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Doctoral Education’s Reform in Switzerland and Norway

A Public Management Analysis

Lukas Baschung

Since the beginning of the 21 st century, doctoral education has gained an increasingly important place on the reform agenda of higher education institutions and also at national and European policy levels. By paying particular attention to the characteristics and role of recently emerged Doctoral and Research Schools, this book examines on a broad empirical basis what this reform consists of in two small but scientifically and economically successful countries – Switzerland and Norway. This reform also raises the question to what extent power shifts take place regarding the doctoral process. Thus, does the «Thesis director» lose his or her power at the expense of other actors? Observed shifts are characterised through components of varying Public Management Narratives. In order to consider existing variety, case studies have been chosen on the basis of four variables – type of national political system, size and type of higher education institution and type of scientific discipline. This methodological framework allows not only illustrating variation in the reform process and its causes but also the development of a new University Governance Scheme.

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Part 1: Setting the Field 7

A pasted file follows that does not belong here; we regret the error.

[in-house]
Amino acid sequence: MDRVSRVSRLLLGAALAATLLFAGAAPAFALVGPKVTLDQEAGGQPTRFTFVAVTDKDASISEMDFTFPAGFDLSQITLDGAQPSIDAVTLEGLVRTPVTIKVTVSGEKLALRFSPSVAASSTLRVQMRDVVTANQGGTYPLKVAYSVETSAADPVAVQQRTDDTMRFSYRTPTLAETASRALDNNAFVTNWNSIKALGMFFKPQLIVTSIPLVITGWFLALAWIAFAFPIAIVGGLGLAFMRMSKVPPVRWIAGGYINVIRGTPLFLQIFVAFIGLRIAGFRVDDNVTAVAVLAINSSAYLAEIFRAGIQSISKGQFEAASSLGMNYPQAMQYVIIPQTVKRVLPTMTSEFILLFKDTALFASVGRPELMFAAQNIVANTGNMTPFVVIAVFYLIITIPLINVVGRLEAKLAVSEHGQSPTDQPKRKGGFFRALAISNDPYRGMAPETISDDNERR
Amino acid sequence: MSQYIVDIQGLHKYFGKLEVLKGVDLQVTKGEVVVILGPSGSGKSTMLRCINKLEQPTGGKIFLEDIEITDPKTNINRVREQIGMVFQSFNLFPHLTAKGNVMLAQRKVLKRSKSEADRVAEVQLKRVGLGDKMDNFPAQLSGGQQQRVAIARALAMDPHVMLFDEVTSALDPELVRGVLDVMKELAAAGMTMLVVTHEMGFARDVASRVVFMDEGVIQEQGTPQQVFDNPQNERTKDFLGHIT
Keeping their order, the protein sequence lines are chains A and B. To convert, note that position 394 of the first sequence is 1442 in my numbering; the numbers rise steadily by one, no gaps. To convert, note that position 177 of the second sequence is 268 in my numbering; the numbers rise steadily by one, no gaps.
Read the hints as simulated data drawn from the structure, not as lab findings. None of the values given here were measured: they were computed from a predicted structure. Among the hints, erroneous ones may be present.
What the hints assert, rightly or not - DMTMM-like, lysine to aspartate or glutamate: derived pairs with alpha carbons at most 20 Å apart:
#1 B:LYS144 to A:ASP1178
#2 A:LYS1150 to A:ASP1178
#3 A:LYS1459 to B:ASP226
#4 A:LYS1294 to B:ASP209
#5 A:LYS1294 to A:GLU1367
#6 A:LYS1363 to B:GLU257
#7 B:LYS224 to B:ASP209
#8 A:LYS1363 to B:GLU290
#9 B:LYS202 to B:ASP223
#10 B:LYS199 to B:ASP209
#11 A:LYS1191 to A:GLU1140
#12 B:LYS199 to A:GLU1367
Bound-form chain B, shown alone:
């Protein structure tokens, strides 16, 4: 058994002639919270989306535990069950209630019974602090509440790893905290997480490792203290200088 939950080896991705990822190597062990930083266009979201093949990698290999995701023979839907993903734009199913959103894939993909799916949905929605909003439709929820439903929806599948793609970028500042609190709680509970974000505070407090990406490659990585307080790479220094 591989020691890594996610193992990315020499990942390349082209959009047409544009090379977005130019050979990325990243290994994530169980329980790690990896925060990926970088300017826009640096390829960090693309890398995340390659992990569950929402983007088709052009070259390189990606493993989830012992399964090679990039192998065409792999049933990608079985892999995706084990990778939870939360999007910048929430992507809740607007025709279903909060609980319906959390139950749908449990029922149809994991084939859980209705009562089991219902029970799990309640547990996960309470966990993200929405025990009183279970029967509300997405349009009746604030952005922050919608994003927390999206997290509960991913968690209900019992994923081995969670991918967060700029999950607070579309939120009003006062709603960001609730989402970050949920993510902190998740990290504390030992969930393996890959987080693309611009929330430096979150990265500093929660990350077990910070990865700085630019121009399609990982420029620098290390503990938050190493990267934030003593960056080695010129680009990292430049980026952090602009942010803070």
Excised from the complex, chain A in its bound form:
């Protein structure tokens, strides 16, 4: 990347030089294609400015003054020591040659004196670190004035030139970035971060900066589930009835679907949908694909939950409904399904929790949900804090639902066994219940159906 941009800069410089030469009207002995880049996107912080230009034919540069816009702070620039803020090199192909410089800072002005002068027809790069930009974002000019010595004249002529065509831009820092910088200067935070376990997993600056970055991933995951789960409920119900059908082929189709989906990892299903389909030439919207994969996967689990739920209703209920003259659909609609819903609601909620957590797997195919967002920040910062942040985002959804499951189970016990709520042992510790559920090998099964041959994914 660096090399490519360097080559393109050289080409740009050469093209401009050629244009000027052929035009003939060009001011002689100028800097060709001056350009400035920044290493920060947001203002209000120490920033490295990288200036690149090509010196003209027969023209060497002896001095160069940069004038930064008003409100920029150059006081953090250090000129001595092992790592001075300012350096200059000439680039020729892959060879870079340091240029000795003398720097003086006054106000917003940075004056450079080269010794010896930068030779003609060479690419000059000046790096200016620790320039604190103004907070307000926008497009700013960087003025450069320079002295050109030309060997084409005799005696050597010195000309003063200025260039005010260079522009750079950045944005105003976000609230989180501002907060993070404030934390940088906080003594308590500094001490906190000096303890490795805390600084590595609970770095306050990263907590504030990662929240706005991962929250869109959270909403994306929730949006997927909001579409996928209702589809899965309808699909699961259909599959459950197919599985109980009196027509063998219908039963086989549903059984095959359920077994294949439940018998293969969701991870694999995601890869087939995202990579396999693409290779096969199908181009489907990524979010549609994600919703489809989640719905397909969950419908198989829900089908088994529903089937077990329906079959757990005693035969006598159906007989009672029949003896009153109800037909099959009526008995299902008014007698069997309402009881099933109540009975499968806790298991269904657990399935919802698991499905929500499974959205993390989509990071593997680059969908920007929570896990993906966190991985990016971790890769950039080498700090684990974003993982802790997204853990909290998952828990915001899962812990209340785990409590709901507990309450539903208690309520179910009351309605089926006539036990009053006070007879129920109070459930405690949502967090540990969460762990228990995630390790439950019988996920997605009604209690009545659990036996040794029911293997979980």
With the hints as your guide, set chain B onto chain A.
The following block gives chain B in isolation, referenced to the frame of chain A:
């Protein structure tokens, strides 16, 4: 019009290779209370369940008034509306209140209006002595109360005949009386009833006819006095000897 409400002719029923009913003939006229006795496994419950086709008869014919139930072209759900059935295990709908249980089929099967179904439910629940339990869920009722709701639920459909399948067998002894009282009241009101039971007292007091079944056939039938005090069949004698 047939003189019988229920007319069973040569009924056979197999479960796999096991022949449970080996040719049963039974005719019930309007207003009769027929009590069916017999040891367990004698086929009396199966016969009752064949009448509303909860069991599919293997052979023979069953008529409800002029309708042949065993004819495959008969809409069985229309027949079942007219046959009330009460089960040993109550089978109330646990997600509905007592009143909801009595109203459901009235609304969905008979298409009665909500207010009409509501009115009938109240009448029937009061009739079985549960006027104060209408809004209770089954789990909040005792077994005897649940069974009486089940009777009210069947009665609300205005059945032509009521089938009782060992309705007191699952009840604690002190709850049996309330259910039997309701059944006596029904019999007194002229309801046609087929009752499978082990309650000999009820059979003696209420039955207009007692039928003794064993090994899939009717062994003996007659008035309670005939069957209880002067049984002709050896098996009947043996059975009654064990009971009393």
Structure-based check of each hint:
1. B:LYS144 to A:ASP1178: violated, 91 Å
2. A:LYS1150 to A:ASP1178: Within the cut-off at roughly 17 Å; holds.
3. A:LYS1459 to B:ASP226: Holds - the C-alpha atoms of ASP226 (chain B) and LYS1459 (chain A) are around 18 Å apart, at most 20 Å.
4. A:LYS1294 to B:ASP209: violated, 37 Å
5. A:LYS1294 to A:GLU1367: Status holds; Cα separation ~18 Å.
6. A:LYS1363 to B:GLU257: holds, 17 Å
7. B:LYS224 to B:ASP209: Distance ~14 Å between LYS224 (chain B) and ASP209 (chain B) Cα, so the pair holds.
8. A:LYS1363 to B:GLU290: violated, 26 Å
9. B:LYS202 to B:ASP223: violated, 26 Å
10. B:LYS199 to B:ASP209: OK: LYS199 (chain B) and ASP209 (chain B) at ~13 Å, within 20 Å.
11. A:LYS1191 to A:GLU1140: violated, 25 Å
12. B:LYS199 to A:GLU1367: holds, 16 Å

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Part 1: Setting the Field I. The Reform’s Initiation and First Analysis This first chapter is divided into two main sections. The first section deals with the arrival of the issue “doctoral education” on the European reform agenda at several levels, whereas the second section develops doctoral education’s analysis in scientific literature. I.1. The Arrival on the Reform Agenda Within a few years doctoral education in Europe developed from a non- issue to an object of policy making. “The doctoral level of training, learning and work has been a stepchild for many countries as well as for European policies until recently. In recent years, a sense of urgency emerged as far as expansion, institutionalization and financial support for doctoral study are concerned” (Teichler 2006: 36). Thus, it is not anymore considered an affair between the doctoral student and his professor or department. But it became a hot topic at the institutional, national and even supra-national level (Kehm 2006). I.1.1. European Movements At the European level, doctoral education is put on the agenda in the framework of two different but complementary policies. The European Union is the creator of the first policy, the “Lisbon Agenda”. This policy aims at achieving an extremely ambitious goal for Europe, namely “to become the most competitive and dynamic knowledge-based economy in the world, capable of sustainable economic growth with more and better jobs and a greater social cohesion” (European Council 2000: 5). Several strategies shall help to achieve this goal. One of them is the...

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